Boeing faces safety questions over 737 MAX 8
Boeing’s bestselling passenger jet is facing increased scrutiny after being involved in a second deadly crash in less than six months, threatening to tarnish the US plane maker’s reputation for safety.
The Ethiopian Airlines flight that crashed Sunday and the Lion Air flight that crashed in October were brand-new Boeing 737 MAX 8 aircraft. And both crashed minutes into flight.
“A formal investigation will need to be conducted into this new crash. It’s important not to speculate as to its causes. A final, conclusive report has yet to be issued in the case of the Lion crash,” said Greg Waldron, Asia managing editor at aviation research firm FlightGlobal.
“That said, having two crashes of a brand new type in a short time is an unprecedented state of events,” he added. “It is inevitable that this will affect perceptions about the 737 MAX family.”
In addition to Ethiopian Airlines’ decision to suspend its MAX 8 fleet from flying service, and China’s civil aviation authority’s blanket ban on the model being used, Cayman Airways has announced that it would ground its MAX 8 jets.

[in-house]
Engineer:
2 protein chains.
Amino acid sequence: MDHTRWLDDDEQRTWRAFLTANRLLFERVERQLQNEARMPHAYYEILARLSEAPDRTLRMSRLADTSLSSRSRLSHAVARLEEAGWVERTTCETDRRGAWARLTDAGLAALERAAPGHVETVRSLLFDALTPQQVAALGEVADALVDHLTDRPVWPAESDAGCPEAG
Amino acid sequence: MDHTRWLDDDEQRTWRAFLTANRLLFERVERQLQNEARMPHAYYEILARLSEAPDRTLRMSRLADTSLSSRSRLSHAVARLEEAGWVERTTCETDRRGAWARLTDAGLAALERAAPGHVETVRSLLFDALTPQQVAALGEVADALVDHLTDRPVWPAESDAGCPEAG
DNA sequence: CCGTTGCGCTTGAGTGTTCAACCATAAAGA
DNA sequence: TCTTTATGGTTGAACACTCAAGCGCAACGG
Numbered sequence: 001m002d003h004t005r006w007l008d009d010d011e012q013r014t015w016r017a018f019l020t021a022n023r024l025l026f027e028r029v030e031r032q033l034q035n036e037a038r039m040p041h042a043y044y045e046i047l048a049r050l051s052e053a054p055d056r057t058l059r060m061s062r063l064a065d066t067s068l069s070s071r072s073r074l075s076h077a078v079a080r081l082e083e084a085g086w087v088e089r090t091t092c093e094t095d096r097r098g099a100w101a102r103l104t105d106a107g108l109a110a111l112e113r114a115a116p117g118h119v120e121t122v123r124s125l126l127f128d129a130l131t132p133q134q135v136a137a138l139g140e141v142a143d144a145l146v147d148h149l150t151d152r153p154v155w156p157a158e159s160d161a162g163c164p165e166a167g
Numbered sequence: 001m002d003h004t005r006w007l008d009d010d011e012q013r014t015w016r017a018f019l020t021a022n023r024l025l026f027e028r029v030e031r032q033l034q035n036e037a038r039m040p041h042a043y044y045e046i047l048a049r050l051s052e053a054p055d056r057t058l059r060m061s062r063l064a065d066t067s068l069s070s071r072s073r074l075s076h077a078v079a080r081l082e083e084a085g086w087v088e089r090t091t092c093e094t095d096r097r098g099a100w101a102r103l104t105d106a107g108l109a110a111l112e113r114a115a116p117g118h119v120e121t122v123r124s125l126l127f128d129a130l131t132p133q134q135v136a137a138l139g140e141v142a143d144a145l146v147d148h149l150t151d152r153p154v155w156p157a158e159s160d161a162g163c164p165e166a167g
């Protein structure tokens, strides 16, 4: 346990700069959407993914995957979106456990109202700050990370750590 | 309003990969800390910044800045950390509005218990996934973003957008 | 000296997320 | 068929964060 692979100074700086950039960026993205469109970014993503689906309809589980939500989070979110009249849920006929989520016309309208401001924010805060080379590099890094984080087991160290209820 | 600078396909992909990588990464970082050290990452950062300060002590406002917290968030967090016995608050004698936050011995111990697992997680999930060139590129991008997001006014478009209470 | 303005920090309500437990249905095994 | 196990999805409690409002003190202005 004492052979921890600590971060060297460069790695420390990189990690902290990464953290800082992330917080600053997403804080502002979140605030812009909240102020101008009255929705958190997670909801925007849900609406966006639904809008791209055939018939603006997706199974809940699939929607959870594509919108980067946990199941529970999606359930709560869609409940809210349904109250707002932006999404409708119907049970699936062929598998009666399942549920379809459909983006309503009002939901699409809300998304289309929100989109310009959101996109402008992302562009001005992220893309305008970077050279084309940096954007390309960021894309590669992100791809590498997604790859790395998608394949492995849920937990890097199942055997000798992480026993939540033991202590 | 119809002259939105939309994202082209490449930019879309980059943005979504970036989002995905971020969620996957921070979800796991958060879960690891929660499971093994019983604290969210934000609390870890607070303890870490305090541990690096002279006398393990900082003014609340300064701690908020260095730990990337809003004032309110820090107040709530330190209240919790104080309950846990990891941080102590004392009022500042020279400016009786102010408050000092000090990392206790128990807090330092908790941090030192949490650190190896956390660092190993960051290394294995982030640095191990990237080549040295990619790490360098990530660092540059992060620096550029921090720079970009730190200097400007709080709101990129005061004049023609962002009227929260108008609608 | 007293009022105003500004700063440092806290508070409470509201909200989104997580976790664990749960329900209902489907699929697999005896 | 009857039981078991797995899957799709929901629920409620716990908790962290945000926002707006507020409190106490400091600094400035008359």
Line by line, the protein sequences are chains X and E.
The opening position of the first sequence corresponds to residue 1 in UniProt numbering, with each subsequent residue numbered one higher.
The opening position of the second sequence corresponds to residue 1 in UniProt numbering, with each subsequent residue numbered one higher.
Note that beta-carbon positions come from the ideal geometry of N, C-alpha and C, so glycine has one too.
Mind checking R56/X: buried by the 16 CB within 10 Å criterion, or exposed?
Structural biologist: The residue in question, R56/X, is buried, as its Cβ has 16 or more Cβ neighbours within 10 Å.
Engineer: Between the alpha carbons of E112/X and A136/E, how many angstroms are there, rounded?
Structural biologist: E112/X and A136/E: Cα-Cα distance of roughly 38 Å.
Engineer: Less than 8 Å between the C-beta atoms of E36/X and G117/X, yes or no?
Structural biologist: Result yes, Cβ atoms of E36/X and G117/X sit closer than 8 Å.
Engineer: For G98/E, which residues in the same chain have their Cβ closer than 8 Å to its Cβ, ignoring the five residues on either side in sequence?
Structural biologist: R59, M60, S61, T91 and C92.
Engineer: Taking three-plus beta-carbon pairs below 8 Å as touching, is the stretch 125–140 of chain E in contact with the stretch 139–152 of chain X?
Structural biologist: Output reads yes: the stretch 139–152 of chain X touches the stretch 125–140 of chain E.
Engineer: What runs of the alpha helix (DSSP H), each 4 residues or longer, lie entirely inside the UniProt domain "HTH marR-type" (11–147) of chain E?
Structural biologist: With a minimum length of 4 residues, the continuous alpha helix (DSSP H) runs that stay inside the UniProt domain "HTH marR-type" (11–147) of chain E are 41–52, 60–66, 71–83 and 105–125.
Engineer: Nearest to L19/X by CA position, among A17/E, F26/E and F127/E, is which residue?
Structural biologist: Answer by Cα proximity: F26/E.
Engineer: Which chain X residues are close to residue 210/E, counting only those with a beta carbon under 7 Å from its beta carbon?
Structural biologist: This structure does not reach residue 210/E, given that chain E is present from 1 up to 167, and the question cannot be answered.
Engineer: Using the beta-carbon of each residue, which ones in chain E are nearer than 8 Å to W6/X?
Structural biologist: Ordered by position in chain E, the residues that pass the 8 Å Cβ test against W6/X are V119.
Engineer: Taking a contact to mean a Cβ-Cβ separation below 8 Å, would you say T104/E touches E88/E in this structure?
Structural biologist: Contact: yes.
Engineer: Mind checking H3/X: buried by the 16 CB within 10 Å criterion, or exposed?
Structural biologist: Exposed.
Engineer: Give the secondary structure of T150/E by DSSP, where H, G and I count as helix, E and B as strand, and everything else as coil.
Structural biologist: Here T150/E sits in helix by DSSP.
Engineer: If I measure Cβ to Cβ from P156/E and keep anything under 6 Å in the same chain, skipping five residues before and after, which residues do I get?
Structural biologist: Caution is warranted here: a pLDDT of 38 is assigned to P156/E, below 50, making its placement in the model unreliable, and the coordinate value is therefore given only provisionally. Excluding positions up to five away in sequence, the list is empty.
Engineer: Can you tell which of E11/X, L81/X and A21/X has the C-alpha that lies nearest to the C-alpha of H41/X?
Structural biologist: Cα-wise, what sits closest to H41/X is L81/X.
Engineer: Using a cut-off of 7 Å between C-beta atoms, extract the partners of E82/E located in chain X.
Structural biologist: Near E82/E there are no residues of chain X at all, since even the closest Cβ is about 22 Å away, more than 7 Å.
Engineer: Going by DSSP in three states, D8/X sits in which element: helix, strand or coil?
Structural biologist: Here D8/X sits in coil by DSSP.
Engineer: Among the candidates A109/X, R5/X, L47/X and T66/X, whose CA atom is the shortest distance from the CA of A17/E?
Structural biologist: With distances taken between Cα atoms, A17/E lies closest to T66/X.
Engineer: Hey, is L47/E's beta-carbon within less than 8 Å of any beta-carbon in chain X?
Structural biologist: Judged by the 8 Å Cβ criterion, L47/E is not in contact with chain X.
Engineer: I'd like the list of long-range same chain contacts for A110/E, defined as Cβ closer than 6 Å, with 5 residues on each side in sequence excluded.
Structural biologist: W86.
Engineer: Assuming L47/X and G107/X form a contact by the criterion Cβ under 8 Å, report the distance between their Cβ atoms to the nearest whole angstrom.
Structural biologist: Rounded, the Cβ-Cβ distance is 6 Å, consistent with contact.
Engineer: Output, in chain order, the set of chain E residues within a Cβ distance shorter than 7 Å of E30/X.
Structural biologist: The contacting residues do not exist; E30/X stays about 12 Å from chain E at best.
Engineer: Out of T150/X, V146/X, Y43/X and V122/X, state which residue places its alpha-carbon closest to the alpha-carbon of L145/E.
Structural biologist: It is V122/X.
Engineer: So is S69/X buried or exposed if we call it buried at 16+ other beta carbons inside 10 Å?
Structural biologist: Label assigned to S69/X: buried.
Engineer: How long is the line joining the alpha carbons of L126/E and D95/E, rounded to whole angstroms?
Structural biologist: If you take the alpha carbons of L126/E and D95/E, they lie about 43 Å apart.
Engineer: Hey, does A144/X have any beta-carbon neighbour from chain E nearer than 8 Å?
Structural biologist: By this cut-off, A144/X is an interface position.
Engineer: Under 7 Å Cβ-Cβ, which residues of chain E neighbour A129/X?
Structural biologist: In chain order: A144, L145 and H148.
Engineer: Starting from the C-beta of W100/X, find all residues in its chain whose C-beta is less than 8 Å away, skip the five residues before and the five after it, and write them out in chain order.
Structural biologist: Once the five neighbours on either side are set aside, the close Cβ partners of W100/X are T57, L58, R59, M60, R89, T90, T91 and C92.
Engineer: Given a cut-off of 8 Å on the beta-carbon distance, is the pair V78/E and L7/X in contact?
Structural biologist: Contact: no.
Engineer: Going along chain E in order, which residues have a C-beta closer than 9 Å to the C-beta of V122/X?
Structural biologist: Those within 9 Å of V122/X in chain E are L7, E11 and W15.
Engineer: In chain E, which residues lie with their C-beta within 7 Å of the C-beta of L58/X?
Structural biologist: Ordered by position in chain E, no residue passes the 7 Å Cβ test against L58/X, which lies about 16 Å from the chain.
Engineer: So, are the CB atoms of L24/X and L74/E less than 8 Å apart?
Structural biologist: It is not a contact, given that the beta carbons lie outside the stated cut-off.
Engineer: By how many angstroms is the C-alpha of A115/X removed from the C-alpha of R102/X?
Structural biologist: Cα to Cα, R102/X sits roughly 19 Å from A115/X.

The airline is working with both Boeing and the Civil Aviation Authority of the Cayman Islands (CAACI) to “monitor the investigation” unfolding in Ethiopia, the Caribbean island-based airline’s President and CEO Fabian Whorms said in a statement.
“While the cause of this sad loss is undetermined at this time, we stand by our commitment to putting the safety of our passengers and crew first by maintaining complete and undoubtable safe operations, and as such, we have taken the decision to suspend operations of both our new Boeing 737 Max 8 aircraft, effective from Monday March 11, 2019, until more information is received,” Whorms said.